Stock Market Tycoon
My kids (ages 9 and 13) tend to like board games that involve lots of play money,
so I decided to try
Stock Market Tycoon. So far the reception has been pretty positive. Strategy
game enthusiasts might be disappointed: it isn't a very detailed or accurate
simulation of the stock market, and financial accumen isn't going to ensure
a victory. There's a very heavy component of luck to the game, and the movement
of the stock prices is completely random.
But that's not to say the game isn't entertaining. We're having a lot of fun
playing it as a family, and it does a reasonable job of introducing the concepts of
buying and selling stock. Buy low and sell high is going to work here just like
in the real world.
The game itself has some quirks. First of all, the
mechanism for recording stock prices is pretty awkward. One player keeps track
of the prices on a pad of paper and all of the other players have to constantly
ask "What is the price of Nike?". After only one game like this I made a large
card and some number chits so we could keep
track of the prices in a way that everyone could easily see. It really helped
the game go a lot smoother.
Recording stock ownership is also done on paper (each player has their own
sheet). There are columns for "quantity", "price" and "total" for each
company. I'm not sure if the intention is for players to update their sheet
every time a price changes, but if so that would involve a lot of writing on
nearly every turn (and you'd fill up the paper pretty quickly). So we tend
to ignore the "price" and "total" column and just record the number of shares.
I would have preferred it if there were play "stock certificates" to use for
each lot of 100 shares, then everyone could just have their shares sitting in
front of them without needing pencil and paper.
There are a few areas where the instructions are confusing (or just strange):
All of this must sound like I'm pretty negative about the game. On the contrary,
we've been having a lot of fun. It just feels like there were a few
quirks that never got completely worked out.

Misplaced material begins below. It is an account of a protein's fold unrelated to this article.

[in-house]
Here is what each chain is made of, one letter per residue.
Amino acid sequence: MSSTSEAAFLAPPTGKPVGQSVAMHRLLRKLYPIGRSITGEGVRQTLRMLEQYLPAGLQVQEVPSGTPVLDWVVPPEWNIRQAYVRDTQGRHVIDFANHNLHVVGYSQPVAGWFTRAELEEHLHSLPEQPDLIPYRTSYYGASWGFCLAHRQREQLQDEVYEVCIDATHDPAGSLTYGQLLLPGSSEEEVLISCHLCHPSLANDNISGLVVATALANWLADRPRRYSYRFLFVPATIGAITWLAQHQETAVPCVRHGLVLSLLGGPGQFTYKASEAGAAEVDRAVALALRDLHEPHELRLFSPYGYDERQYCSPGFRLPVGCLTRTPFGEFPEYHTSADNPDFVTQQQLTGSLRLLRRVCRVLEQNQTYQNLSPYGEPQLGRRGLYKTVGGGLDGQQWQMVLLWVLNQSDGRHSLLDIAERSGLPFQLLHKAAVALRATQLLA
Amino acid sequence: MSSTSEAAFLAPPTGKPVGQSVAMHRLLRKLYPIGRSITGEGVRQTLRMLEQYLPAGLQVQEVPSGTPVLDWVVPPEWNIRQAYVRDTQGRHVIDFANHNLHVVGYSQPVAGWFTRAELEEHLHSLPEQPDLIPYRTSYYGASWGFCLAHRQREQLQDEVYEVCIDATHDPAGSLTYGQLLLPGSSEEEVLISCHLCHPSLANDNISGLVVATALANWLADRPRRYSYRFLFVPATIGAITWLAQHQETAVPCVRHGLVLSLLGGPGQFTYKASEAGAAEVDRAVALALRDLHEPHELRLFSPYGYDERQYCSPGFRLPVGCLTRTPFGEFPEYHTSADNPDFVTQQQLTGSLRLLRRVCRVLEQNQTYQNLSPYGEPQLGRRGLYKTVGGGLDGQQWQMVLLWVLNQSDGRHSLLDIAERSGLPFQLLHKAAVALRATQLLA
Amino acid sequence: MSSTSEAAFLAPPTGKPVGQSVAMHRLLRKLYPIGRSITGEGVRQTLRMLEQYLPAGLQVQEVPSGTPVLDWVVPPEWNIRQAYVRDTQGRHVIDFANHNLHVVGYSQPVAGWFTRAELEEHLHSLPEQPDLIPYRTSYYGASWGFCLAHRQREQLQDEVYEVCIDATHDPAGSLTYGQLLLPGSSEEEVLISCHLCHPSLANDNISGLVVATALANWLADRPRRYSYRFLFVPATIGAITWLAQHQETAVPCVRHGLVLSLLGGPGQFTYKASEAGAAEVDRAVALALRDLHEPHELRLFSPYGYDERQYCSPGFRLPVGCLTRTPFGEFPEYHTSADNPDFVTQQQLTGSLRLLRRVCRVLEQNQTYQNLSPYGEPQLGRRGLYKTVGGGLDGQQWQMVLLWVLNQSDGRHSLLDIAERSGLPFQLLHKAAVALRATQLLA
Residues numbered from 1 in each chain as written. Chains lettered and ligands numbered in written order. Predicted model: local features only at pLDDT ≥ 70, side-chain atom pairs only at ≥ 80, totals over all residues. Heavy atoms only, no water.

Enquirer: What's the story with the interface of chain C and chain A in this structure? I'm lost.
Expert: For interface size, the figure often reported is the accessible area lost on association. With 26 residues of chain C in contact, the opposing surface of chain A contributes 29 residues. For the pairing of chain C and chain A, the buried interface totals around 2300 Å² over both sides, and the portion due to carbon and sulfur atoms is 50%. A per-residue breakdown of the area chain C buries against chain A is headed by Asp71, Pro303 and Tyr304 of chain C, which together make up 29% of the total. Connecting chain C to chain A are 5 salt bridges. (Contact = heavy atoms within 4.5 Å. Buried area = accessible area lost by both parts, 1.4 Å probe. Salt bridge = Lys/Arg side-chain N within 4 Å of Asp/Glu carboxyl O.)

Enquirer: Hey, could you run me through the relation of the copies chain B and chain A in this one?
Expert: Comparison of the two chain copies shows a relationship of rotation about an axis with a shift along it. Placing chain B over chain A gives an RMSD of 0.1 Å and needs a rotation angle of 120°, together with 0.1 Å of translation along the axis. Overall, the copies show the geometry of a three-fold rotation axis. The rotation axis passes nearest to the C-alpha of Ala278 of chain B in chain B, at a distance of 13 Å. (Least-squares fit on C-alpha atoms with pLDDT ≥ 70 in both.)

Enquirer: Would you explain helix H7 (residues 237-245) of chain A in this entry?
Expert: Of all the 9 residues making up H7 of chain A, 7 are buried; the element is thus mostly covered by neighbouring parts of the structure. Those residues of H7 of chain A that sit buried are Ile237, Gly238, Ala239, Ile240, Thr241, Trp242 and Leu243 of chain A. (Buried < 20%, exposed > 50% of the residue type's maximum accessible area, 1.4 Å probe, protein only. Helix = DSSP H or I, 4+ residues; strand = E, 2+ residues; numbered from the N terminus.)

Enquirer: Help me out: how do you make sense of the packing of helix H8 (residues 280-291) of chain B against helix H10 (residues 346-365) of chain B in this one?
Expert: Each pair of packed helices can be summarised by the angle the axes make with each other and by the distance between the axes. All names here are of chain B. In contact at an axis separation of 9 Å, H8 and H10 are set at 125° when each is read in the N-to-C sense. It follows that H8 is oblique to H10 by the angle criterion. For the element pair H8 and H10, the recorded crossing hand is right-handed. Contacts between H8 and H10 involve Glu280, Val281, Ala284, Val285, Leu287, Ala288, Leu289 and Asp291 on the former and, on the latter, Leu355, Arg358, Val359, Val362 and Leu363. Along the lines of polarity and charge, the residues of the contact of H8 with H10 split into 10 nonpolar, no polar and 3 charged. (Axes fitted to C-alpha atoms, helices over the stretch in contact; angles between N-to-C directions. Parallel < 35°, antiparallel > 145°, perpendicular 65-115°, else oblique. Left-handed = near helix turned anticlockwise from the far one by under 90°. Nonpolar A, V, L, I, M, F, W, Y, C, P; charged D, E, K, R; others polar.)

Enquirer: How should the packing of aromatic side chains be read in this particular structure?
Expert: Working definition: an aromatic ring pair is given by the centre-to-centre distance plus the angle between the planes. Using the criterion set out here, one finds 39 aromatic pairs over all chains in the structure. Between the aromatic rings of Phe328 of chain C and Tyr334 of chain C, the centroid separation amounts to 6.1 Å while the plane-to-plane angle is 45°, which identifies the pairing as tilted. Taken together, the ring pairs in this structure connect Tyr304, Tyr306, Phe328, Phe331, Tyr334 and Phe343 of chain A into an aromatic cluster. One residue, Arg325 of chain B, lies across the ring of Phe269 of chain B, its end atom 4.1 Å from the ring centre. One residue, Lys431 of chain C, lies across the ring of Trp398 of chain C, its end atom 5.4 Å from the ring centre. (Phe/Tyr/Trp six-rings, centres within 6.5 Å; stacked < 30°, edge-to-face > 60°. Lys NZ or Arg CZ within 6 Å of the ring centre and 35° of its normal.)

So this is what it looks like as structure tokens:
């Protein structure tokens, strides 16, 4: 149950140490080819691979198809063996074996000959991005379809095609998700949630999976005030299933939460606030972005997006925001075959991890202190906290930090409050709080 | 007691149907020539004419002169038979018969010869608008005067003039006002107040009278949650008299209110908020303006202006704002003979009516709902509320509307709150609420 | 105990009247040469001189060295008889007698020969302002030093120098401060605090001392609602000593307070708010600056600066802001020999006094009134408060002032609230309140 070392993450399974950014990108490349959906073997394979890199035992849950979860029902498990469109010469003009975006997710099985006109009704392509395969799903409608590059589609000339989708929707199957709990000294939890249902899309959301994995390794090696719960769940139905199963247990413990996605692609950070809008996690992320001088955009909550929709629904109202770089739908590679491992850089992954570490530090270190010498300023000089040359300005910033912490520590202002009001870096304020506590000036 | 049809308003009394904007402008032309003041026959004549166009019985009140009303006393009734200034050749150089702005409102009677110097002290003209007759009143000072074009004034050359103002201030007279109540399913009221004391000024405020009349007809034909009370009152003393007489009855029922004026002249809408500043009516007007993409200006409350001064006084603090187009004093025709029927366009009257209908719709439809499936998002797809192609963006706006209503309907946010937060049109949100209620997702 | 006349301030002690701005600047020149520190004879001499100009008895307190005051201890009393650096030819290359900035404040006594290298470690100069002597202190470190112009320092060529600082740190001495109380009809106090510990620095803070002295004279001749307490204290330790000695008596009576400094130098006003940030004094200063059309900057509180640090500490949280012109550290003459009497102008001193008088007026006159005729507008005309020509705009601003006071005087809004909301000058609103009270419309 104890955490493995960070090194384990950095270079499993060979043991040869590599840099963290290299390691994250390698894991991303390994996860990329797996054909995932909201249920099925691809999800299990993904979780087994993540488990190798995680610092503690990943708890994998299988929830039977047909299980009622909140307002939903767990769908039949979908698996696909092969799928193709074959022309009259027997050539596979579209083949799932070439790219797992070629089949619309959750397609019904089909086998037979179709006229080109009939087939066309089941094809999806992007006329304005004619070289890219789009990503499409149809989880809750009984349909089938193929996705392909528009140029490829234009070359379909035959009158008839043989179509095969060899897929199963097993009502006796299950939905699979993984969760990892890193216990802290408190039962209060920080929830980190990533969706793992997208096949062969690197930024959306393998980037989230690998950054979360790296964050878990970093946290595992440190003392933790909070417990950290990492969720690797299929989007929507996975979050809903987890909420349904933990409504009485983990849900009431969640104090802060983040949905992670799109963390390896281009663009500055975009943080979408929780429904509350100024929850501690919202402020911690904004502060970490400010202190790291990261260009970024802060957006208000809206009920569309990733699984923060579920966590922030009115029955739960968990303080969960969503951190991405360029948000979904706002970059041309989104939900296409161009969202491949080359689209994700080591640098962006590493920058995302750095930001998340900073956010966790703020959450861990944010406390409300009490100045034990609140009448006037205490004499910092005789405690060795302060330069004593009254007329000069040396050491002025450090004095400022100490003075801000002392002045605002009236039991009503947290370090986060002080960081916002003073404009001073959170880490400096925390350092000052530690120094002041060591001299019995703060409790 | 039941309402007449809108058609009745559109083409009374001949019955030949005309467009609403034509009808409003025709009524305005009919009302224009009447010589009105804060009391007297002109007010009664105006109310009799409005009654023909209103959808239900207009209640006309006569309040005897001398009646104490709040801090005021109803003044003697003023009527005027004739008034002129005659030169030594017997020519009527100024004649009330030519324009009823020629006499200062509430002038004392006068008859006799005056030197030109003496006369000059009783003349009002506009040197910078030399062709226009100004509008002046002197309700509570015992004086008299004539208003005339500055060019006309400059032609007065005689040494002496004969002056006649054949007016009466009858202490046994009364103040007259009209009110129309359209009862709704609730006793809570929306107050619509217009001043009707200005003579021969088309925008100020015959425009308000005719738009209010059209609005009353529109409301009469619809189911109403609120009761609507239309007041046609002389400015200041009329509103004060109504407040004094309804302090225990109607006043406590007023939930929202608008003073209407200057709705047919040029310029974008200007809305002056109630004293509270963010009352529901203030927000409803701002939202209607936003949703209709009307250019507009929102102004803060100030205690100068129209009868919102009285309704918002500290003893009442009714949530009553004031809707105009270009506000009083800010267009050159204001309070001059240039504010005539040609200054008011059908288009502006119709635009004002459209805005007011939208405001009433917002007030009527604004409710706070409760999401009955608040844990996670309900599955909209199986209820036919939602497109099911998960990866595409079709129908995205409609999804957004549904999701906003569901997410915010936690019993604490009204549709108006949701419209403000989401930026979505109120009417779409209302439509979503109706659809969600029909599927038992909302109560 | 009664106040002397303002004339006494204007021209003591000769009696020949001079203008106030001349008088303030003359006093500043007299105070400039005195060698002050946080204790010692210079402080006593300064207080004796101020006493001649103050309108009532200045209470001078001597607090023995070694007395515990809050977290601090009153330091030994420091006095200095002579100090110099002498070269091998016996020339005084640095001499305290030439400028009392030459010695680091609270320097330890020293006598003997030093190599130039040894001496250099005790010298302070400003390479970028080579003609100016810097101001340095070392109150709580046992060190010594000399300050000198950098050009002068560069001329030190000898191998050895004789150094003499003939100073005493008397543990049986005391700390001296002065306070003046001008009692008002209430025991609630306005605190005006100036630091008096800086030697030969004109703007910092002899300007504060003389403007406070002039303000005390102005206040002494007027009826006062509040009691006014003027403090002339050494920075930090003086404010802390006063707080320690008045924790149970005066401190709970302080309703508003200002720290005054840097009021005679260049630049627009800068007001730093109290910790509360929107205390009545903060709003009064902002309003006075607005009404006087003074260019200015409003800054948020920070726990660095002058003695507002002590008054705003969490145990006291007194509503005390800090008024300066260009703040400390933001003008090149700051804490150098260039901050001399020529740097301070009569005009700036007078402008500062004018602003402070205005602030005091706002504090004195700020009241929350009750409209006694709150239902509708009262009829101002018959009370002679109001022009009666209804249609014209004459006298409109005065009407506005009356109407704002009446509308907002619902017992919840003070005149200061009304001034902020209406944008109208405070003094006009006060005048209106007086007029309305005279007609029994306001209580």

- You Must Trade: the instructions say "must either buy or sell a minimum of
100 shares, even if it means selling stock to raise cash to buy." But the square
on the board says "one trade only". So which is it? Can I sell to raise money
to buy (more than one trade), or if I cannot buy to I just have to sell? Allowing
buying and selling would also allow you to buy back the exact thing you sold,
negating the whole point of the square. House Rule: you can only make one
trade - if you don't have money then that one trade must obviously be a sale.
- Do You Dare Day Trade: the instructions say "player has a choice to either
Day Trade or Buy, Sell, or Hold." Day Trading involves placing a bet and drawing
a card, but "Buy, Sell, or Hold" isn't described anywhere. House Rule: instead
of day trading you can opt to buy one stock, sell one stock or do nothing.
- It almost feels like they intended for players to normally be able to buy
and sell at the end of their turn but forgot to mention it in the rules. Otherwise
only about 1/3 of the turns have even the potential for buying/selling stock,
which seems a bit strange for a stock market trading game. I'm tempted to
just add this as a house rule, and then the Day Trade thing becomes a choice
between doing your normal trading or drawing a day trade card (or of course
doing nothing). On the other hand, the game moves pretty quickly and some of
the squares allow everyone to trade, so even as-is it seems like there is
- The description of winning doesn't make sense to me. It seems like any
player can announce their intention of ending the game at any time. The target
of $1 million is mentioned, but the player doesn't have to have $1 million.
According to the rules, they could do this on their first turn if they really
wanted to. Also, they have to announce this "before their next turn", which
really just means they cannot announce it during their turn, because any other
time at all is "before their next turn". Then they have to land by exact count
on an ALL MAY TRADE square, then are allowed to move to CLOSING BELL. I'm not
really sure how you move from ALL MAY TRADE to CLOSING BELL since they appear
to be adjacent. Do you just get to move your piece there right away, or do
you need to wait for another turn, roll the dice, then move 1 square? I can
sort of see what they are trying to accomplish from a game design perspective,
but it is executed clumsily. They want a round or more of endgame where
people can make risky plays in an attempt to pass up the leader. That's why
the player has to announce their intention ahead of time, and then land on
certain squares by exact count. Announcing "before their next turn" is a sloppy
way of making sure they don't keep silent turn after turn then announce right
when rolling the magic number. Given that, I'm not sure what the ALL MAY TRADE
accomplishes right before everyone adds up their net worth anyway.
One thing I found very amusing is that my daughter refuses to buy any Microsoft
stock in the game because she hates their products in real life.